The New Bike
Ahh, the new bike, another investment in your happiness. All the new electronics to learn and the new bike sounds. You just picked up your new toy and as you sit in the shop with a beverage you hear the snap, crackle, and popping sounds of that new ride cooling down.
So there you are, sitting on the bench, stool, or lawn chair surveying the new beast. Making mental notes of the things you’ll remove, add, or replace.
The next days ride reveals clues about the direction this ride will take. Tank bag – possibly. Remove all the factory stickers – definitely. Start the list of goodies – check.
No matter the type of bike; cruiser, tourer, commuter, adventure, or just a little hot rod to burn up the neighborhood, it starts to take shape. Surfing the web for ideas and accessories. So what do you absolutely need? That depends on the bike.
Adventure bikes can always use some upgrades, weather it be hand guards, skid plate, luggage, etc, there is always more money to spend. Touring bikes seem to have it all but you still find products to make it yours.
Commuters seem to get the most practical add-ons, form follows function here.
That leaves the hot rod: better hang on tight to you cash and cards. These are the money pits of motorcycles. I don’t care how hard you try to be frugal and not get carried away, you most assuredly will. Some additions even make sense. You start by adding the necessary stuff like a center stand, if needed. Then there are so many lighting options, smaller, brighter, flashing, etc. Don’t forget the big spender: after market exhaust. These are the bikes that get all the farkling, you’ll find yourself buying things you never dreamed of before (think LED lighting for the motor, air scoops, ground lights).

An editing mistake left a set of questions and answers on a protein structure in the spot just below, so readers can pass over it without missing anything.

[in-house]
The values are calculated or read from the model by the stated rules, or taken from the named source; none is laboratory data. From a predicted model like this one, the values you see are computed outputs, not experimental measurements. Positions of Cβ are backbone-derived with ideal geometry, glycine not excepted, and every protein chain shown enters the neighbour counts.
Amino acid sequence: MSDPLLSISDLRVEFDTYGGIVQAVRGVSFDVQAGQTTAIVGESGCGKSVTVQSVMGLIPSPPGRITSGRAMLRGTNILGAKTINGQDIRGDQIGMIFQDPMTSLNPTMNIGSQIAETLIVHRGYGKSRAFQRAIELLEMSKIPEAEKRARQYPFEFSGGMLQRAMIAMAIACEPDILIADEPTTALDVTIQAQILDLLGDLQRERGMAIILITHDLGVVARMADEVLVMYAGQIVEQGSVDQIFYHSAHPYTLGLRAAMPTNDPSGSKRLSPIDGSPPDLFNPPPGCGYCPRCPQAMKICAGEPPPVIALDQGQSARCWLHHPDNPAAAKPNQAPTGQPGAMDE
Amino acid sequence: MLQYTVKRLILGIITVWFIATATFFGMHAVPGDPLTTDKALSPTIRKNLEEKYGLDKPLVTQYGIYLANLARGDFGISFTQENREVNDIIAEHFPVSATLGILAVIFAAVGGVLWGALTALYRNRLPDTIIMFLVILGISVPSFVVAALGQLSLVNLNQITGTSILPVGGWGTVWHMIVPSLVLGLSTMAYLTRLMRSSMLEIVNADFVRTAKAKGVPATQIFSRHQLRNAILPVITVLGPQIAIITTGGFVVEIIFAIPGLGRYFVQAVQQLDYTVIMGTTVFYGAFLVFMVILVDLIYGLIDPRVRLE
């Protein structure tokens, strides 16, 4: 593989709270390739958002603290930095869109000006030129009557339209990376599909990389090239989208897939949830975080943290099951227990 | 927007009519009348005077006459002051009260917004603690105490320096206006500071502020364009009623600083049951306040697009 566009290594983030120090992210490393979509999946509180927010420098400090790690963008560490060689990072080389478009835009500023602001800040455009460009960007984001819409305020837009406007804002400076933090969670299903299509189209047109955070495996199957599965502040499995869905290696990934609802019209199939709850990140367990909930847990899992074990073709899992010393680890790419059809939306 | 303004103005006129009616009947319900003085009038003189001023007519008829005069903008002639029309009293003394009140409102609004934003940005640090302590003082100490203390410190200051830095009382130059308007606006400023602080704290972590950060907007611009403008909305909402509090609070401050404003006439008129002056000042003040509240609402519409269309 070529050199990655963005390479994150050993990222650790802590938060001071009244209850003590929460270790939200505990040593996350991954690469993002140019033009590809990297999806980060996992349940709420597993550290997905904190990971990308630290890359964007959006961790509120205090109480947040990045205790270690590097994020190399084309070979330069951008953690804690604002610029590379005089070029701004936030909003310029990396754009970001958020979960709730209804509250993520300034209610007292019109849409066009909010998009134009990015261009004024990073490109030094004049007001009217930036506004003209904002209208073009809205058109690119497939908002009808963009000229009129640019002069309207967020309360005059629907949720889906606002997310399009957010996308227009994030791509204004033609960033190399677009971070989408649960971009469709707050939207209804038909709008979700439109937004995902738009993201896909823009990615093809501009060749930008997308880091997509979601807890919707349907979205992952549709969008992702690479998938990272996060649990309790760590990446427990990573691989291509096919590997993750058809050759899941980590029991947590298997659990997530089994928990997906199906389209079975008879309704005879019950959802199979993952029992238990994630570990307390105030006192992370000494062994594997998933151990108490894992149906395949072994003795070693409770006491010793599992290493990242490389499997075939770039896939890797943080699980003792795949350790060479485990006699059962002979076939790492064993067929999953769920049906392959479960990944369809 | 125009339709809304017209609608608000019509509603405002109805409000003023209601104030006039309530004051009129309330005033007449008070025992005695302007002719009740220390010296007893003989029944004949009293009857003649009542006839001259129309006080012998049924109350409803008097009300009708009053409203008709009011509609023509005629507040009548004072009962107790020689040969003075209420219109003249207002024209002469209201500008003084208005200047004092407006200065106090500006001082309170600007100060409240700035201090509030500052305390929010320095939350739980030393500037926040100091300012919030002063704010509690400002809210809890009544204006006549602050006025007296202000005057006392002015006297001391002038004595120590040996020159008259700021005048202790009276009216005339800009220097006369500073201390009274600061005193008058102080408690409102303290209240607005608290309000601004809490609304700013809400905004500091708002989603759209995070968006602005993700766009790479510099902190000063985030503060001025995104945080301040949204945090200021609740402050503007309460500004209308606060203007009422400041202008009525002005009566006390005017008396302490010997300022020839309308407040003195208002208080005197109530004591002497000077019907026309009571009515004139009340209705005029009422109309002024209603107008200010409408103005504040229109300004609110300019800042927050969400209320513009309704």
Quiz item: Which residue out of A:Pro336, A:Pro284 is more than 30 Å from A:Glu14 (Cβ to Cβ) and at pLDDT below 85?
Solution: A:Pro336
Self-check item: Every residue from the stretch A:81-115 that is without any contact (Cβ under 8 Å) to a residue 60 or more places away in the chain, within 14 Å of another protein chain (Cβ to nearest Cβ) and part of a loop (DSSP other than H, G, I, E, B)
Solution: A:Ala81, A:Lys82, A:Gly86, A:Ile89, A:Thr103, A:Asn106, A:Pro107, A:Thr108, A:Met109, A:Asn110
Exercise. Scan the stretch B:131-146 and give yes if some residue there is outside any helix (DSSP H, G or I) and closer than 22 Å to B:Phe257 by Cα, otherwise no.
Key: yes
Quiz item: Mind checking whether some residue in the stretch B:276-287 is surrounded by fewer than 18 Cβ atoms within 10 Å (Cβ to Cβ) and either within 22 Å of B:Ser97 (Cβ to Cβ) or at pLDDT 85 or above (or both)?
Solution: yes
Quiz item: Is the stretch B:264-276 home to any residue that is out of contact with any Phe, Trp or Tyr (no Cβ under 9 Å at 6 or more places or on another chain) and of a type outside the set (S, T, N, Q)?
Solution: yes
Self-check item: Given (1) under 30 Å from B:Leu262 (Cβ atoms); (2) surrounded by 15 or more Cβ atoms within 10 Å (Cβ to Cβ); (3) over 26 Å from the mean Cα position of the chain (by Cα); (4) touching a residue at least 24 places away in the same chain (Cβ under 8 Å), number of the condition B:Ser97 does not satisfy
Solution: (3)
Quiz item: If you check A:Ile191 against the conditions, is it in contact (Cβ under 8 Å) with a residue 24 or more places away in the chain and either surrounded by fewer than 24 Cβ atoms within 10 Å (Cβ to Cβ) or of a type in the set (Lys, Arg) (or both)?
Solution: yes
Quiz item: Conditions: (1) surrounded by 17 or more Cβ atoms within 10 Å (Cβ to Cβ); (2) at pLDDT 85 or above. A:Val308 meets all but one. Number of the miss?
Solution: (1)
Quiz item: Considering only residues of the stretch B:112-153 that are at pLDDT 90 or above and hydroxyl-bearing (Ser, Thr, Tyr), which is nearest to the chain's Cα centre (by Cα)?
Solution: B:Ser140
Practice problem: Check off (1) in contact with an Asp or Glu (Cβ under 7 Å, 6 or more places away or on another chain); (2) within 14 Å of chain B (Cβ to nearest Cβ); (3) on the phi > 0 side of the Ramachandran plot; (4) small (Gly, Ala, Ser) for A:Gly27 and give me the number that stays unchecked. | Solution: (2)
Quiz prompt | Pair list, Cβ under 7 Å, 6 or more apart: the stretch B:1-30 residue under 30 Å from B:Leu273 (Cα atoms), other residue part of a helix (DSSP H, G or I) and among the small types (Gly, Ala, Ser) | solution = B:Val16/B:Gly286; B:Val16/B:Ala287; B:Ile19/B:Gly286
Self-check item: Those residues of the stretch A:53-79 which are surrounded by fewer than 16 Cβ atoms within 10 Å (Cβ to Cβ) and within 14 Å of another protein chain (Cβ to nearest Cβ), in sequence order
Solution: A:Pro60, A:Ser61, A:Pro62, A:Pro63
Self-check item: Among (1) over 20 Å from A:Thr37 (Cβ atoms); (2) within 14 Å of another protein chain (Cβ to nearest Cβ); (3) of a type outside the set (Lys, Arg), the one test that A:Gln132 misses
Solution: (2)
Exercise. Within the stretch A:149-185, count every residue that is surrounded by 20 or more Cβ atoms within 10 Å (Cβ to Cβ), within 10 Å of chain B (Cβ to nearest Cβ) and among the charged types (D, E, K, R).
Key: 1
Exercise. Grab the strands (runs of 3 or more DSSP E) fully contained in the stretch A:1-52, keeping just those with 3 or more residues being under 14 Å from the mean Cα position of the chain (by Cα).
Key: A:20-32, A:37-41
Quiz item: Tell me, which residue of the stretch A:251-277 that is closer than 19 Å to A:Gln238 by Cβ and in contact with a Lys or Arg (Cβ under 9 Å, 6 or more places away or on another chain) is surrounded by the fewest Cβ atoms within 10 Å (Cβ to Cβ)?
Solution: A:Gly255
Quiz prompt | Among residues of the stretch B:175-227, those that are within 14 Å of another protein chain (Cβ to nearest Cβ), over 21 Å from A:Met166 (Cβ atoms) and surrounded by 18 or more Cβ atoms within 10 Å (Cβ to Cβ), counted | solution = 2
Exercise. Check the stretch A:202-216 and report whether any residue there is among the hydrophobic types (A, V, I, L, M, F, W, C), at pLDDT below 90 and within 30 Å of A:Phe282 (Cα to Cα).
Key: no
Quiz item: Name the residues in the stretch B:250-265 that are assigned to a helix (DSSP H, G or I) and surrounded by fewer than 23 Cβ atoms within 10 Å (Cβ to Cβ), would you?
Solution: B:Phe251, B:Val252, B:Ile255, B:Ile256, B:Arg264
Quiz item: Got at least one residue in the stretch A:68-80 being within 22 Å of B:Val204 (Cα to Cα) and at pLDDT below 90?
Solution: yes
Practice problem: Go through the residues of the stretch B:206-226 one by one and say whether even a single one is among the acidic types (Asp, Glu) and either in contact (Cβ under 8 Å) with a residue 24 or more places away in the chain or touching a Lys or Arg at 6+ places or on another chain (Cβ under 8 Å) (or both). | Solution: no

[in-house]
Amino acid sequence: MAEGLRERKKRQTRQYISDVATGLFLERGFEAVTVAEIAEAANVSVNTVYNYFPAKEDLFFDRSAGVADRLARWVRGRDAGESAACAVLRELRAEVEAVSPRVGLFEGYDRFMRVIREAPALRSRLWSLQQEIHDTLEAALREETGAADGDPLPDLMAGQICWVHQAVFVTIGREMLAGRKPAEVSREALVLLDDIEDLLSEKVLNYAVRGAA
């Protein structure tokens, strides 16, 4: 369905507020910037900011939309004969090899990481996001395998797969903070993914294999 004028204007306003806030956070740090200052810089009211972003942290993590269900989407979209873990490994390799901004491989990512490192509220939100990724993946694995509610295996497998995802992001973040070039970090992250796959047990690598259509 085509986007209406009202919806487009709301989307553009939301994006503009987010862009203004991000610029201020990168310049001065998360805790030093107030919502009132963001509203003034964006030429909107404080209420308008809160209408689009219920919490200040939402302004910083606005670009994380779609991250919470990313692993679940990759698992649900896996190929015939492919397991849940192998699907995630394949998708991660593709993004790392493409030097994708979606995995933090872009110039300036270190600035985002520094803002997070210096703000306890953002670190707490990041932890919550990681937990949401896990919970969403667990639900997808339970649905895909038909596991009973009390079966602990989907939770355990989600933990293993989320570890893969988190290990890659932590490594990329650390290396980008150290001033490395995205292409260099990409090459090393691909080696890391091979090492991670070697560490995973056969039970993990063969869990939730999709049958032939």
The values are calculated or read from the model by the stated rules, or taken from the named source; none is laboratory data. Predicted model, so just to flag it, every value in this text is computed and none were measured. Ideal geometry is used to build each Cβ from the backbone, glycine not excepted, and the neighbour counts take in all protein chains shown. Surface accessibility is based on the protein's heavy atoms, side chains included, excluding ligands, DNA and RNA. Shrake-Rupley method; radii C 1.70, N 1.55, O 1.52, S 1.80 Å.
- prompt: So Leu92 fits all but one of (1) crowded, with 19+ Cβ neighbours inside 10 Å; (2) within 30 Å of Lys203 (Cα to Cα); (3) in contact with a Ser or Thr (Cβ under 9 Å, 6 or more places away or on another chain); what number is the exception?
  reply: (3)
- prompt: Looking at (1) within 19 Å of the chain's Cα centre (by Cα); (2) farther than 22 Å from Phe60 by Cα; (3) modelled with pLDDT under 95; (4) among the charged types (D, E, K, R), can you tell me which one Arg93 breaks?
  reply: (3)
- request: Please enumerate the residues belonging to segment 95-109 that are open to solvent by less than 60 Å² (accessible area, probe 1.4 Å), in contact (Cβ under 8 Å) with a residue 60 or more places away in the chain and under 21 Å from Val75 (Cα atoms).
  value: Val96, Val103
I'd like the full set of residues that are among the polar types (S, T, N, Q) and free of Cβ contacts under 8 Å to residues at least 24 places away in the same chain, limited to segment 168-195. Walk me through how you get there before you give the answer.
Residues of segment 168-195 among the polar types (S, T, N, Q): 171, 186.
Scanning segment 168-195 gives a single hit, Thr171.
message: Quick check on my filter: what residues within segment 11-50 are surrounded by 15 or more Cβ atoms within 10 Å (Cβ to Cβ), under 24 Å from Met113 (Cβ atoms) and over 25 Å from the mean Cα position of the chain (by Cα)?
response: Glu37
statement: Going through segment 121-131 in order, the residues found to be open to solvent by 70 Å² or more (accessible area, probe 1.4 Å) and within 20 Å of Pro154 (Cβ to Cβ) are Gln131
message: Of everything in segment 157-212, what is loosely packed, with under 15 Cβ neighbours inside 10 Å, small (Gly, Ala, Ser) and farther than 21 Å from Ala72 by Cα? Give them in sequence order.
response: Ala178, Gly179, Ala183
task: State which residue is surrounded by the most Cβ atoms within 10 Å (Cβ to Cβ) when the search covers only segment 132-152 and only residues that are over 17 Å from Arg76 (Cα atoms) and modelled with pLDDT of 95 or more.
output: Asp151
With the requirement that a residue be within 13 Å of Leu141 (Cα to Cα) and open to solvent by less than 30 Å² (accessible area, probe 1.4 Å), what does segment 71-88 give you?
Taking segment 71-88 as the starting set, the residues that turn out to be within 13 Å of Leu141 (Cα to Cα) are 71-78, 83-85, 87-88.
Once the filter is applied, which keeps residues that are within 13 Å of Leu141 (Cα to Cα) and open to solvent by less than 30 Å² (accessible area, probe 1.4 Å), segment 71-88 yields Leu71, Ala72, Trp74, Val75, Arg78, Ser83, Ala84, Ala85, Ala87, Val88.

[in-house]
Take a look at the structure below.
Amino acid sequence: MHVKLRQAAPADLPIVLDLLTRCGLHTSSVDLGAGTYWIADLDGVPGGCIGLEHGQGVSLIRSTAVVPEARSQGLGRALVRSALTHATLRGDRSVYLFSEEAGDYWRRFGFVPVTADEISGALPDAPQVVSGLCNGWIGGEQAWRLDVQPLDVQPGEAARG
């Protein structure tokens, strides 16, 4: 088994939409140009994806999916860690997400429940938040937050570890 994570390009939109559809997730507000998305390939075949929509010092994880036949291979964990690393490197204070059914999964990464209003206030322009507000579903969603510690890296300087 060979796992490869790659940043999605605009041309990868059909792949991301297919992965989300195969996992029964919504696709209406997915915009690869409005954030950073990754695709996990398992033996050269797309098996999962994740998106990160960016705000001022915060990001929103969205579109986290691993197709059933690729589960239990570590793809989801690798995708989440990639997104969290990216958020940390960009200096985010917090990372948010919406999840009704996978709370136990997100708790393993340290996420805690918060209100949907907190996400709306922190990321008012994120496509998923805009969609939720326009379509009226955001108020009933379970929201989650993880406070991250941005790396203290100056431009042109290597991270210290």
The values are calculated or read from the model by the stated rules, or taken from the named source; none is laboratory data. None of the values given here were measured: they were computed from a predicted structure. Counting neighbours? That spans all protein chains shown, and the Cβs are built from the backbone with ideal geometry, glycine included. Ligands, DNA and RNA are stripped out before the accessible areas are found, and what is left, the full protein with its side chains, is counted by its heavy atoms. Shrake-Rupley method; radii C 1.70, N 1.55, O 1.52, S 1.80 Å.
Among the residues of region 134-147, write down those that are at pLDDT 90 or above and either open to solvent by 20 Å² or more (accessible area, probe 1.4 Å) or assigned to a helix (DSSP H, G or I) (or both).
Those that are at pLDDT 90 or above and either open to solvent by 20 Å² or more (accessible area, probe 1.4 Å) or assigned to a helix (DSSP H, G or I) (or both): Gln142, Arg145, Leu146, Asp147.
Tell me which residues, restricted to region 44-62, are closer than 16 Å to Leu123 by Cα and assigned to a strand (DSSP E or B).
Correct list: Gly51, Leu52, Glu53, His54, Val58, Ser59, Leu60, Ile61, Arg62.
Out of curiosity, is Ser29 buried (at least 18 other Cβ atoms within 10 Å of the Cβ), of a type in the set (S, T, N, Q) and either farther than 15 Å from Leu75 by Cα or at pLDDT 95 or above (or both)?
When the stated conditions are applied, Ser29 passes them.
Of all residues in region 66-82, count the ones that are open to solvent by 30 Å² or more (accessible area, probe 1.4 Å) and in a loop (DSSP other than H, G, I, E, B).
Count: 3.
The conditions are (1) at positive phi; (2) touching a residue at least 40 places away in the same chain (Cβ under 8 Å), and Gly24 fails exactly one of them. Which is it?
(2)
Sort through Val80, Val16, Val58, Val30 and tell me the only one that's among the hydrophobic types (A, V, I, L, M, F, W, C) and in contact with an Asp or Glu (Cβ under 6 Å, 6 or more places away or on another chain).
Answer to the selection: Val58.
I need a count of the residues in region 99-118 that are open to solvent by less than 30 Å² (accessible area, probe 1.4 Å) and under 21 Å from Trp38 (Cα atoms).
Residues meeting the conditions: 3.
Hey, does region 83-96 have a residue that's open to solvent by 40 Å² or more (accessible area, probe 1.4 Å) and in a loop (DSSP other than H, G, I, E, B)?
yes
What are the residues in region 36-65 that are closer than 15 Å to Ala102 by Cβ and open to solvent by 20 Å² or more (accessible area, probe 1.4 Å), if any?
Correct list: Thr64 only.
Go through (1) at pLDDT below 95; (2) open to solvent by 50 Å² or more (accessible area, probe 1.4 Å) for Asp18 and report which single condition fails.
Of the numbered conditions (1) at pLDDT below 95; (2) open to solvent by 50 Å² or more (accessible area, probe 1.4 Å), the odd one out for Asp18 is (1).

Depending on personal preference somethings will cross genre. Hand guards on a hot rod are a given but there is so much more to improve the look and ride.
I have a simple rule of thumb for this pricey accessory venture, start at 10% of the purchase price and don’t be surprised if you double it. Just make sure you leave money enough for gas and maintenance so you can actually enjoy it.
I’ve always said “I’ve never had a motorcycle that saved me money”. This fact has already proven to be true as you already bought the new toy when the family sedan was perfectly fine.
So now that it’s too late, get out and enjoy your toy.